What is Inventory Replenishment and How Can it Impact Your Ecommerce Store?

woman in warehouse inspecting inventory

Imagine shopping for something online, found something you liked, only to be turned away because the merchant was out of stock? For a merchant, sometimes that is the only chance you will get to make that person a customer, and maybe a customer that returns to buy more in the future. Now they are off to a competitor’s site to find what they wanted.

Inventory management is a significant, sometimes overlooked, cog in the supply chain of an ecommerce store. It can directly impact sales, how people perceive your brand, and customer retention.

A smooth running ecommerce store will have no trouble keeping inventory in stock. All products listed in their store can be purchased by visitors and the fulfillment process can begin right away.

What is Inventory Replenishment?

Inventory replenishment involves receiving inventory from a supplier to stock in a warehouse or fulfillment center as well as the process of moving inventory from storage to more easily accessible picking shelves. 

The idea is to have enough inventory readily available for pickers to be able to easily access to immediately fulfill orders. As the picking inventory gets lower, more inventory is moved from storage to replenish it. As storage inventory gets low, new inventory is ordered from the supplier to keep it stocked.

What Happens if Inventory Replenishment is Not Done Properly?

If inventory replenishment is not done properly, it will impact a company’s ability to fulfill orders in a timely manner. Failure to have an efficient inventory replenishment process can result in:


Many products have a definitive shelf life such as supplements, cosmetics, food, and beverages. Once the expiration date approaches, they become unsellable. 

A stock out provides a bad customer experience, but overstocking can have an even bigger negative impact on your bottom line. 

Replenishing stock too soon can increase storage costs by having inventory sit on shelves longer than needed. Not paying attention to customer demand and/or the seasonality of certain products can also cause inventory to build up on warehouse shelves instead of shipping out to customers.

Out of Stock Items / Backorders

If you are not replenishing inventory soon enough, you obviously run the risk of running out of those items. This can result in customers trying to buy something only to be informed that their item is out of stock.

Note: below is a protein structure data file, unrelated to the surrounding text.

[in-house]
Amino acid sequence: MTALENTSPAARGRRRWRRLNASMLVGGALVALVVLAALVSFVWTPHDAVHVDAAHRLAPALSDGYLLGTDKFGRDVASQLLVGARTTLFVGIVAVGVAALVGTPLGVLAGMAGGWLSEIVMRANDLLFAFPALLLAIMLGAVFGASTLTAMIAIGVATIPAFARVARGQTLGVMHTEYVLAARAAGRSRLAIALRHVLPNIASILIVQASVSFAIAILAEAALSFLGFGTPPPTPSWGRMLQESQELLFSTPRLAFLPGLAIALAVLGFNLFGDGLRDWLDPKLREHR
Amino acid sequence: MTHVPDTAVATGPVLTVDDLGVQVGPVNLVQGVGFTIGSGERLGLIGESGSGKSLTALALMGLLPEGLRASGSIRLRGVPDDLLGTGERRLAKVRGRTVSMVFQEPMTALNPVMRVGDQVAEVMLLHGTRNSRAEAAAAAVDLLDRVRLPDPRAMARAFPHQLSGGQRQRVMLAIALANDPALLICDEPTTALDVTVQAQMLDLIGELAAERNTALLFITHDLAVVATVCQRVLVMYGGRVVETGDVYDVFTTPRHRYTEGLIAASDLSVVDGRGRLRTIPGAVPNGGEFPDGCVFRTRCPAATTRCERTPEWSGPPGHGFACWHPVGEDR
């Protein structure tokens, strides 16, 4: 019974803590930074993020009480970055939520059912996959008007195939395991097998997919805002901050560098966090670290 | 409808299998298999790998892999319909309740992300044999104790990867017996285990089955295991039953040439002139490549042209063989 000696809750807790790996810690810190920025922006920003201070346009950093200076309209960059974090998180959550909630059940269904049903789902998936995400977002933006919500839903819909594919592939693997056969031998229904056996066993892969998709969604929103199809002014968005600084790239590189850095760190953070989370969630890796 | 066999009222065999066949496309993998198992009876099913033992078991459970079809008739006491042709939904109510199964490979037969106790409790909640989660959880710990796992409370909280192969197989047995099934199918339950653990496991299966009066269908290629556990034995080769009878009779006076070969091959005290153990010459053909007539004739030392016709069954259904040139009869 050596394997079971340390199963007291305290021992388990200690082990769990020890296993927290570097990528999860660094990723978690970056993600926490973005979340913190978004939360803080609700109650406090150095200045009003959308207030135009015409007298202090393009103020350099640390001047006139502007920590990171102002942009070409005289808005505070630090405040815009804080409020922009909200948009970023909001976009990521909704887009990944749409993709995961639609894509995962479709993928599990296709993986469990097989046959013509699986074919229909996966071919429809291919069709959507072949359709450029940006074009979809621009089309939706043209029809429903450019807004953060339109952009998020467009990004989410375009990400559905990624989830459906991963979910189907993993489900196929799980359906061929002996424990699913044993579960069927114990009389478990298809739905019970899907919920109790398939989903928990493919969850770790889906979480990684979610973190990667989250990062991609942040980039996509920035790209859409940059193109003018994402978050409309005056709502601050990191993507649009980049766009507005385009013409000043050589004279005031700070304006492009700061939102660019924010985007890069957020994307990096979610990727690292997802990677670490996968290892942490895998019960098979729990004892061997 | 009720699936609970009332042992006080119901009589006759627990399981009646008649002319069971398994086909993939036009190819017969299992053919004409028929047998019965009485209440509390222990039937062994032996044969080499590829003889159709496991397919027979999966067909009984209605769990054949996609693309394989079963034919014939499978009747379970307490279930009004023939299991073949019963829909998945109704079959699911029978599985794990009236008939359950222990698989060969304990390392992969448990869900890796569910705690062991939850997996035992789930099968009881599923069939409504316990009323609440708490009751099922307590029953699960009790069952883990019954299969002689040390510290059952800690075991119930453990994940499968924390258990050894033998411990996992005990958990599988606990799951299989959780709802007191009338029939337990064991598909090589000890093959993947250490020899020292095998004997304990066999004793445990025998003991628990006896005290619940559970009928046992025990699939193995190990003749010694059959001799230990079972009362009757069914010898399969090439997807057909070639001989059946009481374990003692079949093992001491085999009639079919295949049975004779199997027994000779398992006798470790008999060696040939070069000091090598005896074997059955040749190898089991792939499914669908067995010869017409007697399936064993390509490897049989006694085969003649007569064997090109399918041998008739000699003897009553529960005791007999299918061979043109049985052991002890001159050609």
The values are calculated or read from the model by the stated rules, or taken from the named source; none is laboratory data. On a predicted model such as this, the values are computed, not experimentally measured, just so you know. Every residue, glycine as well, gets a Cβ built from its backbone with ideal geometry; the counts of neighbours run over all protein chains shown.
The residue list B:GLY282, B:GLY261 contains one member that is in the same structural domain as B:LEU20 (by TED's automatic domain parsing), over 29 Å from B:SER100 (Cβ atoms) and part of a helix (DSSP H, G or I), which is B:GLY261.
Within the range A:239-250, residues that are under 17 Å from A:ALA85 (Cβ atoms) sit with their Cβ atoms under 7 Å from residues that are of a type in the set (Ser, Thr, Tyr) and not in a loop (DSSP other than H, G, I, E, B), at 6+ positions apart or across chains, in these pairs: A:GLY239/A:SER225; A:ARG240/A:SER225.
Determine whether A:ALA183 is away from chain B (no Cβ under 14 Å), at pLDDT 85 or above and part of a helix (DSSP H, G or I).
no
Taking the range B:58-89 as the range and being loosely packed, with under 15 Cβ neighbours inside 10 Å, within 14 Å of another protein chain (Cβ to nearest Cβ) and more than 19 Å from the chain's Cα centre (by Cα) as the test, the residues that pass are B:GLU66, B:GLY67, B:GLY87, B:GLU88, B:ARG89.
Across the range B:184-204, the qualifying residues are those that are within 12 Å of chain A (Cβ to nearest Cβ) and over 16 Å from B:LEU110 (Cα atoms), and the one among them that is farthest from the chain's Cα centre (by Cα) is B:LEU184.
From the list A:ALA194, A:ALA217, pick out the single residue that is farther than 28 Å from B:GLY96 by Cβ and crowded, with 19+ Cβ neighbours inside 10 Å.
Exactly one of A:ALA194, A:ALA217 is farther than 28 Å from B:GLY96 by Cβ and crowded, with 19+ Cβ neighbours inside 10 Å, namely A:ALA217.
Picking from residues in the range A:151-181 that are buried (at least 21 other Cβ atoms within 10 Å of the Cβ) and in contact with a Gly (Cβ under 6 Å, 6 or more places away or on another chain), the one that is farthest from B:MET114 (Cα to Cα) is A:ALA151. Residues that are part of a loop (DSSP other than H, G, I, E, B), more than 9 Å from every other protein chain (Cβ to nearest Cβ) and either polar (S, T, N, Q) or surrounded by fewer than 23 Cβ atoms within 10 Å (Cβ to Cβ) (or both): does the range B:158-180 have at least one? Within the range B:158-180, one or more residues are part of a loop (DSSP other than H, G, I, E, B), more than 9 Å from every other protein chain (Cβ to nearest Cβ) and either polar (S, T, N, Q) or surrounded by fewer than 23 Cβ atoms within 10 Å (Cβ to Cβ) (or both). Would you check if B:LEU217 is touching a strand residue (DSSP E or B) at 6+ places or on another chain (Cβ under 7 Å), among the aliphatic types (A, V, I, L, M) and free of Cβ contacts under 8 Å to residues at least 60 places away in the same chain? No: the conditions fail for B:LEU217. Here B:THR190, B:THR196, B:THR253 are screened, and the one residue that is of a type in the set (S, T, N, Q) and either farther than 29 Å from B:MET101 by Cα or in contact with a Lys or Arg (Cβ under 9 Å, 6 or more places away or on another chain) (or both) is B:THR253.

Depending on how you run your store, they may be given the option of placing a backorder. With a backorder, they can purchase it and pay for the product, but the order is not going to ship until the inventory has been replenished at some predetermined date. In the age of Amazon Prime and 2-day shipping for nearly anything you can think of, backorders can hurt the customer experience and brand loyalty. 

To avoid this, it is a good idea to maintain safety stock. Safety stock means you keep a certain amount of emergency inventory on hand in case there is an unexpected surge in orders or a supply chain issue.  

Split Shipments

If a customer orders multiple items from your store at the same time but one or more of those items is out of stock, a split shipment will need to be sent. A split shipment is exactly what it sounds like. It is multiple shipments to fulfill the same order. 

Sending multiple shipments to fulfill one order will increase your shipping and packaging costs and if not communicated to the customer well can also cause confusion on their end.

Inventory Replenishment Best Practices

Efficient replenishment does not just happen. You need to have processes and strategies in place to keep it running smoothly.

Leverage Technology

Utilize inventory management software to be able to see your inventory levels in real-time. Software will allow you to easily stay on top of inventory levels, track sales trends, and streamline your inventory management system.

Utilize Demand Forecasting

With real-time inventory data you can gain insights into which products fly off the shelves, which ones tend to stay in storage longer, and if there is any seasonality to their behavior. 

This demand forecasting allows you to maintain adequate inventory throughout the year while avoiding overstocking.

Review Your Procedures

It is a good idea to routinely review your processes and strategies around your inventory management, including replenishment. 


Inventory replenishment is just one component of a complete inventory management strategy. Inefficient management of inventory levels can result in out of stock items, negatively impacting customers, or overstocking, resulting in additional storage and potential waste costs.

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